Columns/Opinions

Sun
19
Jan
Edgar's picture

We Wish You a Merry Christmas…

We Wish You a Merry Christmas

The Idle American

‘Tis not the first time an error of my own doing has diverted me from the tedious freeways of everyday life to side roads with uncharted curves adorned by snagging brambles that seemed to warn, “Go back.”

I stumble forward, discovering yet another column topic, one that likely should remain at barrel’s bottom and marked “obscure.”

Anyway, there I was, standing way back in the customer service line at Sam’s Club, wondering why some customers were yelling at sympathetic “associates” who didn’t hire out for such. I soon learned that they were patiently listening to “poor me” accounts, from mid-December until well into the New Year….

 

 

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Sun
19
Jan
Edgar's picture

Freedom and Facts

by Jackie Gingrich Cushman

We need to differentiate between experiences and facts. We know that our individual perspectives affect how we experience events, but do they also affect the underlying facts?

The answer is no. Facts are facts.

So, for example, one person might experience exceptional service at a restaurant, but another person might experience terrible customer service. Can both be true? The answer is yes. Perhaps the first person was celebrating a birthday and experienced the dinner through rose-colored glasses, which raised the service of the staff, while the second person had just experienced a devastating event and complained throughout the meal, bringing down the staff's service.

But facts are not subjective. For example, 2 plus 2 cannot equal 5.

 

 

 

Thu
16
Jan
Edgar's picture

Capital Highlights

Capital Highlights

Texas Press Association Governor’s domestic terrorism task force meets at Capitol

AUSTIN — Gov. Greg Abbott last week convened the quarterly meeting of his Domestic Terrorism Task Force at the state Capitol.

“We must work together to develop meaningful solutions to fully eradicate domestic terrorism in the Lone Star State,” Abbott said in explaining the purpose of the meeting. “Just as domestic terrorism takes many forms, this task force is committed to developing comprehensive and evolving defense strategies to ensure a safe and secure future for every Texan,” Abbott added.

Abbott’s office said the task force analyzed prevention strategies against domestic terrorism in the form of cyber attacks and discussed the importance of good “cyber hygiene.”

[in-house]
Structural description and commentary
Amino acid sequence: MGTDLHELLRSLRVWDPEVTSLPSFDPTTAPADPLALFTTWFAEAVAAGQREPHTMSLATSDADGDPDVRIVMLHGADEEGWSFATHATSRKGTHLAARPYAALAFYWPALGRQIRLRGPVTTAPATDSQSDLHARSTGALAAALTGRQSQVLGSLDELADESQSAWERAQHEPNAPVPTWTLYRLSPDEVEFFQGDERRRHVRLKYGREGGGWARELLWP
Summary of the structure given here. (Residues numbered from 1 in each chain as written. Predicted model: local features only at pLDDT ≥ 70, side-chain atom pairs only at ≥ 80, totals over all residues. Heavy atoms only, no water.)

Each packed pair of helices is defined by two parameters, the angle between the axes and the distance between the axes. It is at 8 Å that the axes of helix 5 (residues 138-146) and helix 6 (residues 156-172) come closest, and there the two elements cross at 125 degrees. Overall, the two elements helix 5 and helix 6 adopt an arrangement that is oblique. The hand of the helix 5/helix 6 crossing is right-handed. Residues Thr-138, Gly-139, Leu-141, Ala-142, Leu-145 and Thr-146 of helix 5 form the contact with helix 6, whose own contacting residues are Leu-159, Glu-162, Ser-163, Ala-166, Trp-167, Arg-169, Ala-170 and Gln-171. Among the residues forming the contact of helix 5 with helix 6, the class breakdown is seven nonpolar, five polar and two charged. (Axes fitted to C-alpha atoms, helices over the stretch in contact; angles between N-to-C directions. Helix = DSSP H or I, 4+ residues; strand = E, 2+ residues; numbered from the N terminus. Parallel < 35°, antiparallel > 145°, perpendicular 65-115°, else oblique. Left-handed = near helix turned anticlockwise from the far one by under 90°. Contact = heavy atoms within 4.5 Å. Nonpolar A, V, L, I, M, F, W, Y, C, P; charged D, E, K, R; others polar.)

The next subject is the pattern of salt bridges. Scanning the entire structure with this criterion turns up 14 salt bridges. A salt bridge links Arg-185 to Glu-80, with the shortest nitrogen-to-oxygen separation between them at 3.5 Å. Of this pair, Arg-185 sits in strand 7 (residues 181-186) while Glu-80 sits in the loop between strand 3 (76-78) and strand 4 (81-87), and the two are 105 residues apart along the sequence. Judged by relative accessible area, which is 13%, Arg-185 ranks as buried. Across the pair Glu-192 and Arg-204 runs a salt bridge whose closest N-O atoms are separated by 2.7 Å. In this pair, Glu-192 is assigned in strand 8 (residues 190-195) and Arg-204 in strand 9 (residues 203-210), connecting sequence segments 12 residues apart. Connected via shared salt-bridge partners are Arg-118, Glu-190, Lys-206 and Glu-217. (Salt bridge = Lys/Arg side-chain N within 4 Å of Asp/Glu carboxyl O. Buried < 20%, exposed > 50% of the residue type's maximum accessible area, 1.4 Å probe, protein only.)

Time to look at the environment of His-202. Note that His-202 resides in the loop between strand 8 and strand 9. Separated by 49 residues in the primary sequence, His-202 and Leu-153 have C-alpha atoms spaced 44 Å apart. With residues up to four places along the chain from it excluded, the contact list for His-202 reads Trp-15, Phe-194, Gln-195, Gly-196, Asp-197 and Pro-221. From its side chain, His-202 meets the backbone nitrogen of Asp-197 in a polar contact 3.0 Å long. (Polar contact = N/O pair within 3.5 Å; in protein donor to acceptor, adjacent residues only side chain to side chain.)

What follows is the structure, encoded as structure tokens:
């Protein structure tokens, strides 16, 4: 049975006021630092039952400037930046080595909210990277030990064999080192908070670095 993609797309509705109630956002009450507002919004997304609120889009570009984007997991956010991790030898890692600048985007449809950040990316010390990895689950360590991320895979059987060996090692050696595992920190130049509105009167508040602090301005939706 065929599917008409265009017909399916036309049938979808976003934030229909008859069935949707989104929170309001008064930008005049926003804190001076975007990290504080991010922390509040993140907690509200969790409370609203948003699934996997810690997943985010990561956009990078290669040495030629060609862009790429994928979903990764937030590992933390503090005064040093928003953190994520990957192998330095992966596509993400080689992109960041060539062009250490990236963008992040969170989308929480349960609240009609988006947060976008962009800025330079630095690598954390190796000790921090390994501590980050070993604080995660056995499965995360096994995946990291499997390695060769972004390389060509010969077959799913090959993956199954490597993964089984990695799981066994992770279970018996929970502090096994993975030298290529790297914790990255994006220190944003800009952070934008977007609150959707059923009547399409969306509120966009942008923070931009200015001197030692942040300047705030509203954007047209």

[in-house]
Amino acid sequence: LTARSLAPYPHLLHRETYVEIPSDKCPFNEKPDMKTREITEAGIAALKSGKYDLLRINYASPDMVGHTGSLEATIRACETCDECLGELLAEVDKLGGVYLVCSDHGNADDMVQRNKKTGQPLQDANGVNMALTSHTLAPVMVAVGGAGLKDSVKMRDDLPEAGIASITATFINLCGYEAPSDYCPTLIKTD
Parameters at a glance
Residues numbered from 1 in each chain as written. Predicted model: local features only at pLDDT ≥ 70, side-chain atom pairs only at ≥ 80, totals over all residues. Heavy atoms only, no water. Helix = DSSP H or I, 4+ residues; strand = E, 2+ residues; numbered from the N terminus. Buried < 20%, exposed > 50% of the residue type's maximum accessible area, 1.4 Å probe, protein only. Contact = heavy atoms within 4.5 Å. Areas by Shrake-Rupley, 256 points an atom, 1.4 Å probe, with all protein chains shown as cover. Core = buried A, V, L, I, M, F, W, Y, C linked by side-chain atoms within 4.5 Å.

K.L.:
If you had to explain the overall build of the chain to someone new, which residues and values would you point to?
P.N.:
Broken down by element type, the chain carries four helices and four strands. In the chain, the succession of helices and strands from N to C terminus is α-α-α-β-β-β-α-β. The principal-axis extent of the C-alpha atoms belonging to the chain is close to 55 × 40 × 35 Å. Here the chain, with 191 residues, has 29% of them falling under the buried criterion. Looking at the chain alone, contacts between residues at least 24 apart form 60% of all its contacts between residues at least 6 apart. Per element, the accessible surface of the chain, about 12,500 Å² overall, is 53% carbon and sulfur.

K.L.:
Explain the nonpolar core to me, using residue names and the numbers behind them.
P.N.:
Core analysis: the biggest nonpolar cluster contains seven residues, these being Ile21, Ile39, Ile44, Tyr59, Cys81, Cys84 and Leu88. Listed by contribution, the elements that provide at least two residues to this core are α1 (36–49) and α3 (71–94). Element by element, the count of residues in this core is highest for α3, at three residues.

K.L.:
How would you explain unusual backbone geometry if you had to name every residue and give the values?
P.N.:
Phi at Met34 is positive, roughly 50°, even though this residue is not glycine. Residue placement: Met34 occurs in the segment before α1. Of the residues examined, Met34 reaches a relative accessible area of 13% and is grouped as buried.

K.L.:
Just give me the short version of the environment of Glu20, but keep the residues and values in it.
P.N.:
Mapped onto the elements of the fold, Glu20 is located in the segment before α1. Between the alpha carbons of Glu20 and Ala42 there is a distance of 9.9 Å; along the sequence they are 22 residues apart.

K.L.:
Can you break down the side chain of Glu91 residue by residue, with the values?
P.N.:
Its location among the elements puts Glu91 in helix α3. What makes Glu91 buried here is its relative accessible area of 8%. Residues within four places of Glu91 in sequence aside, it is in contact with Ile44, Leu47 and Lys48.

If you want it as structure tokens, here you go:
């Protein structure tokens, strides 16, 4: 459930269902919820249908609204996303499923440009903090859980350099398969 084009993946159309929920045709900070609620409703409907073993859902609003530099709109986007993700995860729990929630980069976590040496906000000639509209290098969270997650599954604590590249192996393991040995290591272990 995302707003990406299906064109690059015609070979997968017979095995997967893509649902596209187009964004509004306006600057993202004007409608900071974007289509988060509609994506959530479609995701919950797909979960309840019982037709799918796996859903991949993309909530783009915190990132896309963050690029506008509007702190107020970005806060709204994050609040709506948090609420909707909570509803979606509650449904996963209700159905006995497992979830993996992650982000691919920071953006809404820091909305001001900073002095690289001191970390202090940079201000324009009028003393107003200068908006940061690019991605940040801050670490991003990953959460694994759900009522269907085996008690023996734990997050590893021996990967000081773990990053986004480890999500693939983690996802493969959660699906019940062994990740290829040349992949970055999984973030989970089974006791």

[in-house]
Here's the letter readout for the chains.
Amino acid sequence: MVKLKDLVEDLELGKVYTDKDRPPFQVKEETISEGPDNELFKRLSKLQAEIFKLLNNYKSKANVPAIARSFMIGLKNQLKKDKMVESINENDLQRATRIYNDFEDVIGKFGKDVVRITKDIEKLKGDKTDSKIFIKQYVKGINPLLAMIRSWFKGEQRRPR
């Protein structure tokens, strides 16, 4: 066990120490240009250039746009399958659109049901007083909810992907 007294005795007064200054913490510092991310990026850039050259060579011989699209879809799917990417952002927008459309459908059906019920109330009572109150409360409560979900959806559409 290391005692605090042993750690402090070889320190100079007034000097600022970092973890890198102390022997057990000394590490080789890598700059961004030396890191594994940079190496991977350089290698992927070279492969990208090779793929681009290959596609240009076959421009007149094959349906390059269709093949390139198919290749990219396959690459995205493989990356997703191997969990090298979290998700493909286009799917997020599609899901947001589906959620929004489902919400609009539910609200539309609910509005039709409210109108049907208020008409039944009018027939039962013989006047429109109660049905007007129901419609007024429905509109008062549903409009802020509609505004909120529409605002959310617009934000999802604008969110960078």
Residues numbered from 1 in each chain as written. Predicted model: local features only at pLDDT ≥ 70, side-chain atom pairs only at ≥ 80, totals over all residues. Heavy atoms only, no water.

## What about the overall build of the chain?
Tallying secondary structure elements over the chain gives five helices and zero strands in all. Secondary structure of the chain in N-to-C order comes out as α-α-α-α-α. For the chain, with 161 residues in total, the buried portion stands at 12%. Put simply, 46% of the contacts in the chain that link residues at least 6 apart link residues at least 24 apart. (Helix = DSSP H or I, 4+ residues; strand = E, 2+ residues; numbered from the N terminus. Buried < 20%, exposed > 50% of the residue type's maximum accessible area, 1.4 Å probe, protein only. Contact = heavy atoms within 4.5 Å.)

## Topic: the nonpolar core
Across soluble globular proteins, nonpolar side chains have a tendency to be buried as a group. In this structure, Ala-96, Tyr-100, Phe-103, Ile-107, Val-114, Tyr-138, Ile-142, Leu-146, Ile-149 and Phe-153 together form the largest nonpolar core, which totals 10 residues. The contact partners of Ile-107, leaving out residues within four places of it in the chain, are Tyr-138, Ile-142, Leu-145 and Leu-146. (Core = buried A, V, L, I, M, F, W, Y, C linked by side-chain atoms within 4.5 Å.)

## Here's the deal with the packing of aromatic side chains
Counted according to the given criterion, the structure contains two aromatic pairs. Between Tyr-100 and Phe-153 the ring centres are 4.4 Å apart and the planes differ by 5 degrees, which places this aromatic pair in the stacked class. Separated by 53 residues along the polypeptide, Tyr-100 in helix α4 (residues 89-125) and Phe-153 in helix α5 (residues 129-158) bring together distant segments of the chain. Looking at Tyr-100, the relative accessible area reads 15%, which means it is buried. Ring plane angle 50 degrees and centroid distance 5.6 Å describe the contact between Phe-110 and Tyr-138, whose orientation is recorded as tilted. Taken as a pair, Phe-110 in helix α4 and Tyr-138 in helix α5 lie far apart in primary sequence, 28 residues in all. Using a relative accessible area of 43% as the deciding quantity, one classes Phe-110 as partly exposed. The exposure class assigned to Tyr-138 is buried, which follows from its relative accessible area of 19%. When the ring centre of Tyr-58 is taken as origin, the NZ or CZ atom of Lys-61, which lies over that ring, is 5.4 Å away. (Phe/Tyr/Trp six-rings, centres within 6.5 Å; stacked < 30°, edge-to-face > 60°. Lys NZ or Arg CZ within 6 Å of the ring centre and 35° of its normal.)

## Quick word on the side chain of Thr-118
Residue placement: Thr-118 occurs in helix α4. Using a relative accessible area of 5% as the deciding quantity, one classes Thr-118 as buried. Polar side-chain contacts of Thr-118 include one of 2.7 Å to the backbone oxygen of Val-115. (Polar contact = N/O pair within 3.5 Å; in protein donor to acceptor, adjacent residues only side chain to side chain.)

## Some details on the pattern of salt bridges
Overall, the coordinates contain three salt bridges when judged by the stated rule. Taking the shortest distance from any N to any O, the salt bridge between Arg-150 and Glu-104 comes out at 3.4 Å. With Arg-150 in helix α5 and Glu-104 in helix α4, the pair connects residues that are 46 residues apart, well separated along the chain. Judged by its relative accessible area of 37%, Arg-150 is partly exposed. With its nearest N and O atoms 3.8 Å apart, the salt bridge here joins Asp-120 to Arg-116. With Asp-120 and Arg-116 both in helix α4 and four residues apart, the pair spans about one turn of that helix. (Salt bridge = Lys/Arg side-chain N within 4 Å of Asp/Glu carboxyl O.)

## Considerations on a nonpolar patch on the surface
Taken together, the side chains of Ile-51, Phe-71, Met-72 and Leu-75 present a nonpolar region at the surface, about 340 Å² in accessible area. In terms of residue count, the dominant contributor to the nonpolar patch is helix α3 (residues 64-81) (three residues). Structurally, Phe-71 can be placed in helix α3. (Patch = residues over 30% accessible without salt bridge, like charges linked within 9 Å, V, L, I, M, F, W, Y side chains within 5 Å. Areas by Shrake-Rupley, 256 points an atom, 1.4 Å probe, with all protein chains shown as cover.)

Task force members include Abbott, Lt. Gov. Dan Patrick, House Speaker Dennis Bonnen, Texas Attorney General Ken Paxton and other high-ranking state, county and federal officials.

Thu
16
Jan
Edgar's picture

Views from Around the Panhandle

I live with the compulsive belief that lists will make me a better person.

I believe their mere existence in my life makes me more organized, clears up my skin, gives me emotional balance and insures I never forget asparagus at the grocery store again.

And what better way to insure I never run out of lists than to have a compulsion to own all the journals, notebooks, planners and really good smooth-flowing pens?

Of course, that is all theory, and in my case it’s just bad theory.

I am not alone in my addiction, either, My daughter is a master of lists and planning. The difference between me and her is that she is good at it. She follows through and takes no prisoners in her approach to mastering life on paper.

 

 

 

 

Thu
16
Jan
Edgar's picture

Trump Plans to Streamline Environmental Assessments

from The Colorado Springs Gazette

President Barack Obama had a grand vision of fixing the country's infrastructure. Bureaucracy stood in his way.

Obama hoped the $787 billion Reinvestment and Recovery Act would put Americans to work in record numbers as they embarked upon "shovel-ready" projects to fix roads, bridges, tunnels, runways, transmission lines and more. The paychecks and improved public assets would help the country recover more quickly from the recession he inherited in 2008.

The vision fizzled when the shovels got wrapped in red tape. "Shovel-ready was not as shovel-ready as we expected," Obama declared three years into his first term.

Almost 10 years later, Americans have seen nothing approaching a wide-scale upgrade of infrastructure. The American Society of Civil Engineers generates a nationwide infrastructure report card every four years, and in 2017 gave the country a "D+." The public wants an "A."

 

 

 

Thu
26
Dec
Edgar's picture

Capitol Highlights